Publisher ............................. ................. Tom W Hoffer
Contributors ....................................... .. Tom Cam pbell
......... Sue Riddle Cronkite
............ Brian Goercke
............ Bonnie Segree
........... Rene Topping

Sales ....................................... .................. P am R ush
Advertising Design
and Production ....................................... Diane Beauvais Dyal
........... Jacob Coble
Production Assistant ................................ Stacy M. Crowe
Copy Editor and Proofreader ................... Tom Garside
C circulation ............................................... Scott Bozem an
......... Larry Kienzle
Citizen's Advisory Group
George Chapel ......................................... Apalachicola
Sandra Lee Johnson ............................... Apalachicola
Rene Topping ........................................ Carrabelle
Pam Lycett ............................................... Carrabelle
David Butler ........................................ Carrabelle
Pat M orrison ............................................ St. George Island
Dominic and Vilma Baragona ................. St. George Island
Elizabeth and Jim Sisung ........................ Eastpoint
Bedford and Eugenia Watkins ................. Eastpoint
A nne E stes ............................................... W akulla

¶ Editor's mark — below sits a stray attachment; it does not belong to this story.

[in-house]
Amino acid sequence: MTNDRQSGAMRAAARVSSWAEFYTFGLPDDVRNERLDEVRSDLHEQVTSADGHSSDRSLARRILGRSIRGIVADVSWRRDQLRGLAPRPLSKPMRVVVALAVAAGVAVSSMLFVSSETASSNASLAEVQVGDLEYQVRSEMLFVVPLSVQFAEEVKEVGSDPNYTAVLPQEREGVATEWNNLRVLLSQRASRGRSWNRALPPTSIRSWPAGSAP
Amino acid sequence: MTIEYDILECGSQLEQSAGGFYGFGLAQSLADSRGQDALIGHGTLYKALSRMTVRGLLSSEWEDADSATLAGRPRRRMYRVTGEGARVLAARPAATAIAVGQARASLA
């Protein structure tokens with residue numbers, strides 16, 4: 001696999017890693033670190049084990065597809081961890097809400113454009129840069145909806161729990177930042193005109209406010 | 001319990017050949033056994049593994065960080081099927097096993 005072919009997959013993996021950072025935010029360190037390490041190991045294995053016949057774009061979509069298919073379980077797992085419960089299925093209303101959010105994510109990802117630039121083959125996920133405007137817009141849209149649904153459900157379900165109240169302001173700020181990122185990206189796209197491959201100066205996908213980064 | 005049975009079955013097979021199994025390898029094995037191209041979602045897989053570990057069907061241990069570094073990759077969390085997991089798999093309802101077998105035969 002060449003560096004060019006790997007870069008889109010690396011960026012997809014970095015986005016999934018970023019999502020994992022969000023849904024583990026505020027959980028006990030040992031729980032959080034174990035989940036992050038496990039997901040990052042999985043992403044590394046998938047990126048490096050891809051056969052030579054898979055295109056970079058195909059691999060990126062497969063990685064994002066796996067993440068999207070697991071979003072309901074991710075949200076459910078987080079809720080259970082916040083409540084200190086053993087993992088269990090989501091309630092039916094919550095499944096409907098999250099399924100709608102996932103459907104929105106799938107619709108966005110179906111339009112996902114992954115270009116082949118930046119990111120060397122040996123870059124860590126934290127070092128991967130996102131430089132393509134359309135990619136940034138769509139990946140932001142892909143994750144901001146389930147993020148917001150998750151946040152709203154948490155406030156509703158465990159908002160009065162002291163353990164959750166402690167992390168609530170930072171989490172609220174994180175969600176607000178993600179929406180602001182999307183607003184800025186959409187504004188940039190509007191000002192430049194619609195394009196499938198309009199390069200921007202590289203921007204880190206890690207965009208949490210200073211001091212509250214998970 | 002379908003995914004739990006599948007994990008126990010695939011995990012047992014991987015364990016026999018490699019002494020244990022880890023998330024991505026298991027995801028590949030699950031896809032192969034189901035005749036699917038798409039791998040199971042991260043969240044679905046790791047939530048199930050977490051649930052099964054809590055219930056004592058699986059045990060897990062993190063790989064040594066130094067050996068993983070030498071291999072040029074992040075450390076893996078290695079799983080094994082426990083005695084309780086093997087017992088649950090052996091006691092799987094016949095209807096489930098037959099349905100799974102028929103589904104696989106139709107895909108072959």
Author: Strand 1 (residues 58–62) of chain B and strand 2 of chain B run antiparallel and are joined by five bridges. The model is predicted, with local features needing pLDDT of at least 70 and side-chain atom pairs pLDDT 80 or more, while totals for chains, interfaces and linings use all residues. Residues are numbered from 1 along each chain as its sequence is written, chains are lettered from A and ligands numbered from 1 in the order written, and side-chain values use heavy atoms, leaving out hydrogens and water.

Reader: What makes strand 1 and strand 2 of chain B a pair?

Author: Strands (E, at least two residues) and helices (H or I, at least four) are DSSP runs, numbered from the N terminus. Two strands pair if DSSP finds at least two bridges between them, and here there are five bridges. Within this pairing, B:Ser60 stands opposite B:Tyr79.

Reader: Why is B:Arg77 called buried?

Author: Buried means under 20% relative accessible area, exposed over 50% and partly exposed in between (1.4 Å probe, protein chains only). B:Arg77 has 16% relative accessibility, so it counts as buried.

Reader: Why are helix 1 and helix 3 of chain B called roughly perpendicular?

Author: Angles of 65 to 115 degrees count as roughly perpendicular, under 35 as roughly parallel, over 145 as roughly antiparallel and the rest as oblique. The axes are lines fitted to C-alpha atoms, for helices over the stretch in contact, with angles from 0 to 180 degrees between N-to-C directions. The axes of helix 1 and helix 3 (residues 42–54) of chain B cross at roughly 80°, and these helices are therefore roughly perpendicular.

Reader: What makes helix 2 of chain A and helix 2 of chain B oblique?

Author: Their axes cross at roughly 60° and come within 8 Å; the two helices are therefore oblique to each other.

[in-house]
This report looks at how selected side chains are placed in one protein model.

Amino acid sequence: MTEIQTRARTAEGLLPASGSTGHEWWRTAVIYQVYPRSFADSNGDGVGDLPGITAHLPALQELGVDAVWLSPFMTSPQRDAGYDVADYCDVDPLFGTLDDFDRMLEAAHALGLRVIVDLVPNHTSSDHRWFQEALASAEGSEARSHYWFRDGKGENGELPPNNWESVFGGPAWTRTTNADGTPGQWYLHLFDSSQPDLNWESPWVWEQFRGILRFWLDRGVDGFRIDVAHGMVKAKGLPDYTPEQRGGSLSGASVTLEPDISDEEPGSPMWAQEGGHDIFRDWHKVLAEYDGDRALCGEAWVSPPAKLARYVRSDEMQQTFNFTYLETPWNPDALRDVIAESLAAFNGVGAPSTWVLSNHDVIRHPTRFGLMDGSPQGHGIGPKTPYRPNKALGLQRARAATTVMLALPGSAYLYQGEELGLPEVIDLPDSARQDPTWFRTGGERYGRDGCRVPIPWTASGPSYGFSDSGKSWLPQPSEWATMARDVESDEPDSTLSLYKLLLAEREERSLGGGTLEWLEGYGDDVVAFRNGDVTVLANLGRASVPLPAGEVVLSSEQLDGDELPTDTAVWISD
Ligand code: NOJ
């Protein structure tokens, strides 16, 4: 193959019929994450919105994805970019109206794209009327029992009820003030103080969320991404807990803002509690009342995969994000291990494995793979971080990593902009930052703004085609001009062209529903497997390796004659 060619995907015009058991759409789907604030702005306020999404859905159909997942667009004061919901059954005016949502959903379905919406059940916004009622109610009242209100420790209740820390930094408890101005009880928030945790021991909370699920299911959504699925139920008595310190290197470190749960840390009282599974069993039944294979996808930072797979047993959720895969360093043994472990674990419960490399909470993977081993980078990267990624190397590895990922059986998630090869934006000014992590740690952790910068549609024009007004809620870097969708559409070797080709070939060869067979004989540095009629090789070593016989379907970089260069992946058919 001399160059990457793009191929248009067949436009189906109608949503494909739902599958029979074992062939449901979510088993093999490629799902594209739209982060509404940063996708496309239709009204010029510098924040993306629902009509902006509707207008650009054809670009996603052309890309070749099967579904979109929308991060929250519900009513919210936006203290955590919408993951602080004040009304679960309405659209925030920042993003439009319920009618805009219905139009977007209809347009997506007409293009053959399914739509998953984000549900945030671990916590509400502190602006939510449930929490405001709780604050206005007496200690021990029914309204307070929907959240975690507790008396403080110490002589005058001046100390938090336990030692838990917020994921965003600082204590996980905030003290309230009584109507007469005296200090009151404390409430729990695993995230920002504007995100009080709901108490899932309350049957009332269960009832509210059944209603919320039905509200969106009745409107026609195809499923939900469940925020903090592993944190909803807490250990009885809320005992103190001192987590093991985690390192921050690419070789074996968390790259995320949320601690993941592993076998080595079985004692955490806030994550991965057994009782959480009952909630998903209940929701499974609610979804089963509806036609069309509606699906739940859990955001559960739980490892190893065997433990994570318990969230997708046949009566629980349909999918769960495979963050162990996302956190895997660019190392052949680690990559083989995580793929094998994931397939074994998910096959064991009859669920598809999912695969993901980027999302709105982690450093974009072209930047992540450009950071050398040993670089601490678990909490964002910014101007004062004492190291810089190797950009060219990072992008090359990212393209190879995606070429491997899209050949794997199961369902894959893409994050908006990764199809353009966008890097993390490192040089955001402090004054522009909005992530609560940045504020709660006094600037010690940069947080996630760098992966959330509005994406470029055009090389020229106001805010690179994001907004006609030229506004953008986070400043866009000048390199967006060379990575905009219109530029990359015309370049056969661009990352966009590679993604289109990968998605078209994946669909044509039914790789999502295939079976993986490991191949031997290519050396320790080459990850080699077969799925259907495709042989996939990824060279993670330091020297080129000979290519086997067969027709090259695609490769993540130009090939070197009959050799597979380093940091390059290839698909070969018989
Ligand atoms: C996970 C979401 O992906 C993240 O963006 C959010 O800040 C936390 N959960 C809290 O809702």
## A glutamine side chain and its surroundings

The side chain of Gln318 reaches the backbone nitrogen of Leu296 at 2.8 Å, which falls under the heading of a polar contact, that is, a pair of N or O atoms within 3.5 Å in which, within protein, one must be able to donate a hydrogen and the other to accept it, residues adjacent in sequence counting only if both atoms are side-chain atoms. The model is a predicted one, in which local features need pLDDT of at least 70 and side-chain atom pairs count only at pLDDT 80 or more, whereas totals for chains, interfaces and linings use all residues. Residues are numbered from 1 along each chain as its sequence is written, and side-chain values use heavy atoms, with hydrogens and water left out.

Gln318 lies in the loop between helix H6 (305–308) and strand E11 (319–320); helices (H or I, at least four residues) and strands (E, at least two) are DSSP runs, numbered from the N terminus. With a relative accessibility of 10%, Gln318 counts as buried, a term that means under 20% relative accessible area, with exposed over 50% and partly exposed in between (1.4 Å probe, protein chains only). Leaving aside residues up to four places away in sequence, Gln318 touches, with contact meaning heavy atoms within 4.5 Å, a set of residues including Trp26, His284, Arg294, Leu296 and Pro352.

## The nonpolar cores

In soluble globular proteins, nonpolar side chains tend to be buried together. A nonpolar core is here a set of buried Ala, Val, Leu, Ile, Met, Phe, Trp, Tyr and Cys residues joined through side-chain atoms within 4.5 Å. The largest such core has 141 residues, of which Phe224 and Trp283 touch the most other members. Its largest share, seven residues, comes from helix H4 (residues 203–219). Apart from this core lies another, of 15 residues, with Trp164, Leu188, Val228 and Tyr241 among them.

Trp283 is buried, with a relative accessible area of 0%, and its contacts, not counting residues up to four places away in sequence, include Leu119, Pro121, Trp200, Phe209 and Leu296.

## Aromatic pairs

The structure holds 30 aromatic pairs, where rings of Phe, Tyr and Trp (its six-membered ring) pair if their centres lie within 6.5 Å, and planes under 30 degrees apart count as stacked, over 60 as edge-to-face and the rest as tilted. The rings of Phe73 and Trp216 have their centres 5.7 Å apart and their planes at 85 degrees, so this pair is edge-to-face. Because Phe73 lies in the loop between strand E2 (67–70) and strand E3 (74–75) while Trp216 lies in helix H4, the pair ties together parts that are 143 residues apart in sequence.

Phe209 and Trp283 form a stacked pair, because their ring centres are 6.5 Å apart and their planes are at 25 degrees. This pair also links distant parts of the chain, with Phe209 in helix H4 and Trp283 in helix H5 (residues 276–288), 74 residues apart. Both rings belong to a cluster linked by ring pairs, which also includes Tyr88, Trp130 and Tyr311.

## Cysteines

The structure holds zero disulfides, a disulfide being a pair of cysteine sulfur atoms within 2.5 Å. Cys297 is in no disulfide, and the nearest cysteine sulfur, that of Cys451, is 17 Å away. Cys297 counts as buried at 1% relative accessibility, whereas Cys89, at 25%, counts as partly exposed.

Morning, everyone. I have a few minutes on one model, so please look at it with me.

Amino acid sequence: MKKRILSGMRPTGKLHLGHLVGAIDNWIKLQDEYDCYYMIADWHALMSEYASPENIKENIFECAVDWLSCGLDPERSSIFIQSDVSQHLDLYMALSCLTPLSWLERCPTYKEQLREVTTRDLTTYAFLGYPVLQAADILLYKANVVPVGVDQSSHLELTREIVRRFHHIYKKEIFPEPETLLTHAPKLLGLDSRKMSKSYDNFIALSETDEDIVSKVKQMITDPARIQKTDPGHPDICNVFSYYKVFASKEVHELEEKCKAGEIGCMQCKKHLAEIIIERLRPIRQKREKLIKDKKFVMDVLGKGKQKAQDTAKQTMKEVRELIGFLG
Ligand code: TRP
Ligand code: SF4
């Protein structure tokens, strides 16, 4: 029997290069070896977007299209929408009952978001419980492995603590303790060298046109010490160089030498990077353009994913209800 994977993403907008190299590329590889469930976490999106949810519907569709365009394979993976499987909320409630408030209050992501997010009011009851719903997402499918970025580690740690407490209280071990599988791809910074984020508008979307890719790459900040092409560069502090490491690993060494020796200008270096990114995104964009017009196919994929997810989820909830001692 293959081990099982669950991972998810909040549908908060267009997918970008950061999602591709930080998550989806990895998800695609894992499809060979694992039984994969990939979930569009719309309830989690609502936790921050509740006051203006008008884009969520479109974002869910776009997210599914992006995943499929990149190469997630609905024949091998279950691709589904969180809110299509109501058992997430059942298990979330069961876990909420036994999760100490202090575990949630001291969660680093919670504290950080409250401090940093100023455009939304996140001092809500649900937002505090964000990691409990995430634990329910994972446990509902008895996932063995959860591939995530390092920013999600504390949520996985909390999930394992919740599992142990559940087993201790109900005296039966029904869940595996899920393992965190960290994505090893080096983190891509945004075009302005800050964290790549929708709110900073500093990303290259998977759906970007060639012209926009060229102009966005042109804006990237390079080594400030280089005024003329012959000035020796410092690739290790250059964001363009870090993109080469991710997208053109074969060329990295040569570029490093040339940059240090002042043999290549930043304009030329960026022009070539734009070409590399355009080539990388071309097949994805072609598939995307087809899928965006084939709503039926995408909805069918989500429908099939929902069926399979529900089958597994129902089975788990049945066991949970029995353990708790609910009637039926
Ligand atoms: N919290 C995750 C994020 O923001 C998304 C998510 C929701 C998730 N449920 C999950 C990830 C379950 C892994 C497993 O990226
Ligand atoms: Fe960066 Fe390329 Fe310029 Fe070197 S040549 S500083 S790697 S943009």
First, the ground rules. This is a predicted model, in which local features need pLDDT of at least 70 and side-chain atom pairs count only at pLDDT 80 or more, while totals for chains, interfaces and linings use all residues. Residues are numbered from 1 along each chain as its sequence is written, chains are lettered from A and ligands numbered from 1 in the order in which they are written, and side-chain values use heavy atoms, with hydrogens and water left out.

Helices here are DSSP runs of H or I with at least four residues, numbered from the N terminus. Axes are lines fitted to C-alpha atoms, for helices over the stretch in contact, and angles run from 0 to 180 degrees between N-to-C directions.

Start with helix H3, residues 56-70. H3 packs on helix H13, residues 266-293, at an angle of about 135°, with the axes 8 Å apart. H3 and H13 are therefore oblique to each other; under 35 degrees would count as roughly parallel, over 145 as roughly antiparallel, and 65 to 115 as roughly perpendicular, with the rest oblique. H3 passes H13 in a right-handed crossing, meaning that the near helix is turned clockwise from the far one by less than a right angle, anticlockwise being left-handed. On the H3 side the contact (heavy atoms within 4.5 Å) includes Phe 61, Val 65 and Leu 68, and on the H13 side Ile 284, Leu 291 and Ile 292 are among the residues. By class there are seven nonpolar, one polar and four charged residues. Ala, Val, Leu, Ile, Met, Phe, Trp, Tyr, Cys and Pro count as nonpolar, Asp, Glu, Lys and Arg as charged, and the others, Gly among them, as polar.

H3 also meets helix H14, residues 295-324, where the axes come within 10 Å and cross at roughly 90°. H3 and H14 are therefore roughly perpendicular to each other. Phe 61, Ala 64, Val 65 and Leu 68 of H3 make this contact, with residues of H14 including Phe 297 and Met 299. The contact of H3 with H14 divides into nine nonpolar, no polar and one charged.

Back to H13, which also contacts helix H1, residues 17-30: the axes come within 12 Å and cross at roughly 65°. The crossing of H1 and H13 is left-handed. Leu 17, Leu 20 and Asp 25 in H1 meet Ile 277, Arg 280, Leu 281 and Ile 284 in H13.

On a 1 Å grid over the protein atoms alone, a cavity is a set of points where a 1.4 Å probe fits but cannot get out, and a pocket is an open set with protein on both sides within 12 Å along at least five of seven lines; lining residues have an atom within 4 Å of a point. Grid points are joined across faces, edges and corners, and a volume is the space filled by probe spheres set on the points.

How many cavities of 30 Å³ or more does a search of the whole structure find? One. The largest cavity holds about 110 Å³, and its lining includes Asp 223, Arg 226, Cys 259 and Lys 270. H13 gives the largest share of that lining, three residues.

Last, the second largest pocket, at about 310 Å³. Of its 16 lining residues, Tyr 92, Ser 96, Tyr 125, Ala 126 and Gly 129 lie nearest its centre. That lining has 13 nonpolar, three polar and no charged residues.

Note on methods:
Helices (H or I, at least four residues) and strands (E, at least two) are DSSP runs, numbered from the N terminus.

Back Issues
For current subscribers, back issues of the Chronicle are
available free, in single copies, if in stock, and a fee for
postage and handling. For example a 10 page issue would
cost $2.00 postpaid. Please write directly to the Chronicle
for price quotes if you seek several different or similar
issues. In-county subscriptions are $16.96 including tax.
Out-of-county subscriptions are $22.26 including tax.

Changes in subscription addresses must be sent to the
Chronicle in writing.
All contents Copyright 1998
Franklin County Chronicle, Inc.

An artist's depiction of the old Racoon Swamp, circa 1870s, before it was renamed Tate's Hell.


President Clinton signed a bill
greatly enhancing the standing of
aquaculture in the U.S. SB 1150
was signed this week, giving
USDA tremendous power and
authority in the enhancement of


(North0across from th

Vol. 7, No. 15

'I' ." We Have The Answer

Do You Suffer from Osteoarthritis of the Knees?
Does Degenerative Joint Disease Cause Your Knees to Ache & Swell?
If you answered either of these questions, We Have The Answer.